It would be my pleasure to help any borrower for the long term! Please do reach out to me for more information or to discuss how I might be able to help.

Now Is A Great Time To Refinance That Investment Property

Mortgage rates are at all-time lows.  Many homeowner’s are taking advantage and locking in for the long term.  But what about investors, are they doing the same?

Refinancing rental properties can unlock a good deal of wealth-building opportunities for investors, including the ability to lower interest rates and monthly payments, improve loan terms, and earn additional cash flow.

Interestingly, many investors have not taken advantage of today’s market.

For one reason or another, there are a number of investors that don’t even realize the opportunity that’s in front of them.

Should I Refinance My Rental Property?

In most cases, investors should consider a refinance to:

  • Lower the mortgage rate
  • Convert from an ARM to a fixed-rate
  • Turn a hard money loan into a conventional one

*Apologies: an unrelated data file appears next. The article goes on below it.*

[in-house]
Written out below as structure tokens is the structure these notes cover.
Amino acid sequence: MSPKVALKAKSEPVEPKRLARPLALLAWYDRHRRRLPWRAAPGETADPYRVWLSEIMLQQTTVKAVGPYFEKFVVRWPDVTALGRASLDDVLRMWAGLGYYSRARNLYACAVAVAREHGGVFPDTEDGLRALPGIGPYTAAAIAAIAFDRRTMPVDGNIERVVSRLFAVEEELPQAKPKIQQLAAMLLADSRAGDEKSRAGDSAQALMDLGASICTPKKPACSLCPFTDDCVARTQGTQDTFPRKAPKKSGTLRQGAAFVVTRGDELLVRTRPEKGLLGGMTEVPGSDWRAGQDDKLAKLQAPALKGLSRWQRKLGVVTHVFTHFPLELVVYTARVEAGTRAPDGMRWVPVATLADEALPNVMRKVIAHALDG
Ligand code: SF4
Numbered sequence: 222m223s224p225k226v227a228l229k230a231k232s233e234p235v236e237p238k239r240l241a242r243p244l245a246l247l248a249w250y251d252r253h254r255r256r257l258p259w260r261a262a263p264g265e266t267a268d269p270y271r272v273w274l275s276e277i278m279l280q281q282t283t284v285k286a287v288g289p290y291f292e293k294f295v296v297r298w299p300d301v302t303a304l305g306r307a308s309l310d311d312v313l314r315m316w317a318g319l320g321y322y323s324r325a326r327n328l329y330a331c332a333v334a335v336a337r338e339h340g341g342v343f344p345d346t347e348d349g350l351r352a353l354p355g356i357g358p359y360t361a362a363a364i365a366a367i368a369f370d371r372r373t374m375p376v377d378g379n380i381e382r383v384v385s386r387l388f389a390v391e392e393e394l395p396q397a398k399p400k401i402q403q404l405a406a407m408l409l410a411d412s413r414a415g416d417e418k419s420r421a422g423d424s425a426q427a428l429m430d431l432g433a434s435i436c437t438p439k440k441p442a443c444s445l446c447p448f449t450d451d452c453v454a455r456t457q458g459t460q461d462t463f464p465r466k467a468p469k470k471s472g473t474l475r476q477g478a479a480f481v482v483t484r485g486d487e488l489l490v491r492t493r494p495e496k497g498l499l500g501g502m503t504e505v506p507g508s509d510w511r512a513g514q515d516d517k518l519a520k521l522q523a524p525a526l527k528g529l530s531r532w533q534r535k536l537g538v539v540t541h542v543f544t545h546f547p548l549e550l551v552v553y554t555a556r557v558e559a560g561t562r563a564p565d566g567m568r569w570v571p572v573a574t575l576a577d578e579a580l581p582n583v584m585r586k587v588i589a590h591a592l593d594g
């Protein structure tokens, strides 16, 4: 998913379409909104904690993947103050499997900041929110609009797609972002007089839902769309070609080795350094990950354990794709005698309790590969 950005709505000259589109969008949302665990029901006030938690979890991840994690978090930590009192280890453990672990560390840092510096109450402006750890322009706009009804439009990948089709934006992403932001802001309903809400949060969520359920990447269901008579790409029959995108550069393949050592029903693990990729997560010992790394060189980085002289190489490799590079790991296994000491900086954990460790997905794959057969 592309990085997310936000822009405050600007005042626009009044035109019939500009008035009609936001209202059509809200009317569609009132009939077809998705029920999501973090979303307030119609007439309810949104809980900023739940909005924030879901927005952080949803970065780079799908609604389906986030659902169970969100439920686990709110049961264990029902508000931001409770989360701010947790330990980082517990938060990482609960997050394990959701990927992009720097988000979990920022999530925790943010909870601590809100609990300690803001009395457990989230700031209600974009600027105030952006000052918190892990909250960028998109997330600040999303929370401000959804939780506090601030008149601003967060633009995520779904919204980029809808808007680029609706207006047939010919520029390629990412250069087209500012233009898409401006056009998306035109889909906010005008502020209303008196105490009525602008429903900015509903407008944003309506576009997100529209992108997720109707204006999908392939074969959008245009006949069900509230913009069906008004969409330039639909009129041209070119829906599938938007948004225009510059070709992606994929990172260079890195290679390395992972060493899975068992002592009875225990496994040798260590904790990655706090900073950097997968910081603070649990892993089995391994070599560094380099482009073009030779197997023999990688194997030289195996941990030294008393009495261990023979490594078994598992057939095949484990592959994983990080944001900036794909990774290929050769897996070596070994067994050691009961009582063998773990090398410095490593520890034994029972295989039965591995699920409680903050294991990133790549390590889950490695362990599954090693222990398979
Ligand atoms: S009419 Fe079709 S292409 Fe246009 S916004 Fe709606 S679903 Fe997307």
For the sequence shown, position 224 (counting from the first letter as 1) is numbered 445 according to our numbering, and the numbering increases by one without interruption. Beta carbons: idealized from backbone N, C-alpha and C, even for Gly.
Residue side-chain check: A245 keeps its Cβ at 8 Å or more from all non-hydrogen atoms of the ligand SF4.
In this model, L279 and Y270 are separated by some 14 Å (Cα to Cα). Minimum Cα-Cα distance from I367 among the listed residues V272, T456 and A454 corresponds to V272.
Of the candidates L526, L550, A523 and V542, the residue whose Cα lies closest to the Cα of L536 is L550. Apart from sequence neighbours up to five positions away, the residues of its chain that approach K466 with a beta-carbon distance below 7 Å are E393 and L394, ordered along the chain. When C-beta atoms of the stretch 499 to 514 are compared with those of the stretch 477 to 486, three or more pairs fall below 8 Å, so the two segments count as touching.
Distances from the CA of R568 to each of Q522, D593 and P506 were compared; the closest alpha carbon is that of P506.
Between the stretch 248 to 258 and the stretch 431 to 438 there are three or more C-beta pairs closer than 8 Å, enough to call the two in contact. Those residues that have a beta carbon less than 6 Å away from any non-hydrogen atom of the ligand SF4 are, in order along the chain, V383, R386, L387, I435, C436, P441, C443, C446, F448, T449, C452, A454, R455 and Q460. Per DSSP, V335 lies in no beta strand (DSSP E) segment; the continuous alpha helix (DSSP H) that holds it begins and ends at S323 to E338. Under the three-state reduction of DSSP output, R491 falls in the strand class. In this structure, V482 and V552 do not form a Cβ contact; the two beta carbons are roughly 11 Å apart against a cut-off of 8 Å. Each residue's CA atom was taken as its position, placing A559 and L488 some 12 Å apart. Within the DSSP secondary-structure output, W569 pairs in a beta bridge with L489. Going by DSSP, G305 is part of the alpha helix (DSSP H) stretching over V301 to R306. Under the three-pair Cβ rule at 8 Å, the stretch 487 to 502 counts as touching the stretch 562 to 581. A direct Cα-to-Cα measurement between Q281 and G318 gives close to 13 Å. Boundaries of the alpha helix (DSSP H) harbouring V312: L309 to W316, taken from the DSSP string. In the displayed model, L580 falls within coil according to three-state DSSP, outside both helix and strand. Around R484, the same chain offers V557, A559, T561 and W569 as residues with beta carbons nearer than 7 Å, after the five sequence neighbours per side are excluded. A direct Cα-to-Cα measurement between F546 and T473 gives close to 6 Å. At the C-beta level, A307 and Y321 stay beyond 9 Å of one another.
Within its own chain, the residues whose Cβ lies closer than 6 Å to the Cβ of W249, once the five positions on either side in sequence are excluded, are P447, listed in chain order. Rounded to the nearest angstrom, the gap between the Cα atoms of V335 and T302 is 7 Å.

• Pay off the loan more quickly
  • Upgrade a current investment property

Much has changed in a relatively short period of time regarding rates and valuations…and they are almost all in favor of the investor.

As mentioned earlier, interest rates are historically low…and they look a lot better than they did even this time last year, let alone a few years ago.

5.75% versus 4.5% example

If you purchased an investment property in October of last year, for example, many borrowers took on mortgages with an interest rate in the high 5% range.

Today, if that investor were to refinance their $250,000 loan from 5.75% to 4.5% for example, they would save nearly $200 per month.

There might be some discount points involved depending on the scenario, but they can be financed into the loan amount, so the only out-of-pocket cost would be that of an appraisal.

Assumptions: $250K loan, 70% loan-to-value and 760+ credit score

In Conclusion

When you own an investment property, the goal is to earn a solid rate of return…and refinancing that property can increase your short-term cash flow and help you build longer-term wealth.

Do reach out to me for more, as it would be my pleasure to help you look at different options and programs that might help you in today’s market.

Shop for a Mortgage Without Hurting Your Credit Score

Make sure to do a little planning before you start looking for a mortgage.  With a some work, you can keep your score in top shape relatively easily as you shop for the right mortgage lender.

“Metaphorically, not letting your lender check your credit is like not letting a doctor check your blood pressure. Sure, you can get a diagnosis when your appointment’s over — it just might not be the right one.” – Gina Pogol, The Mortgage Reports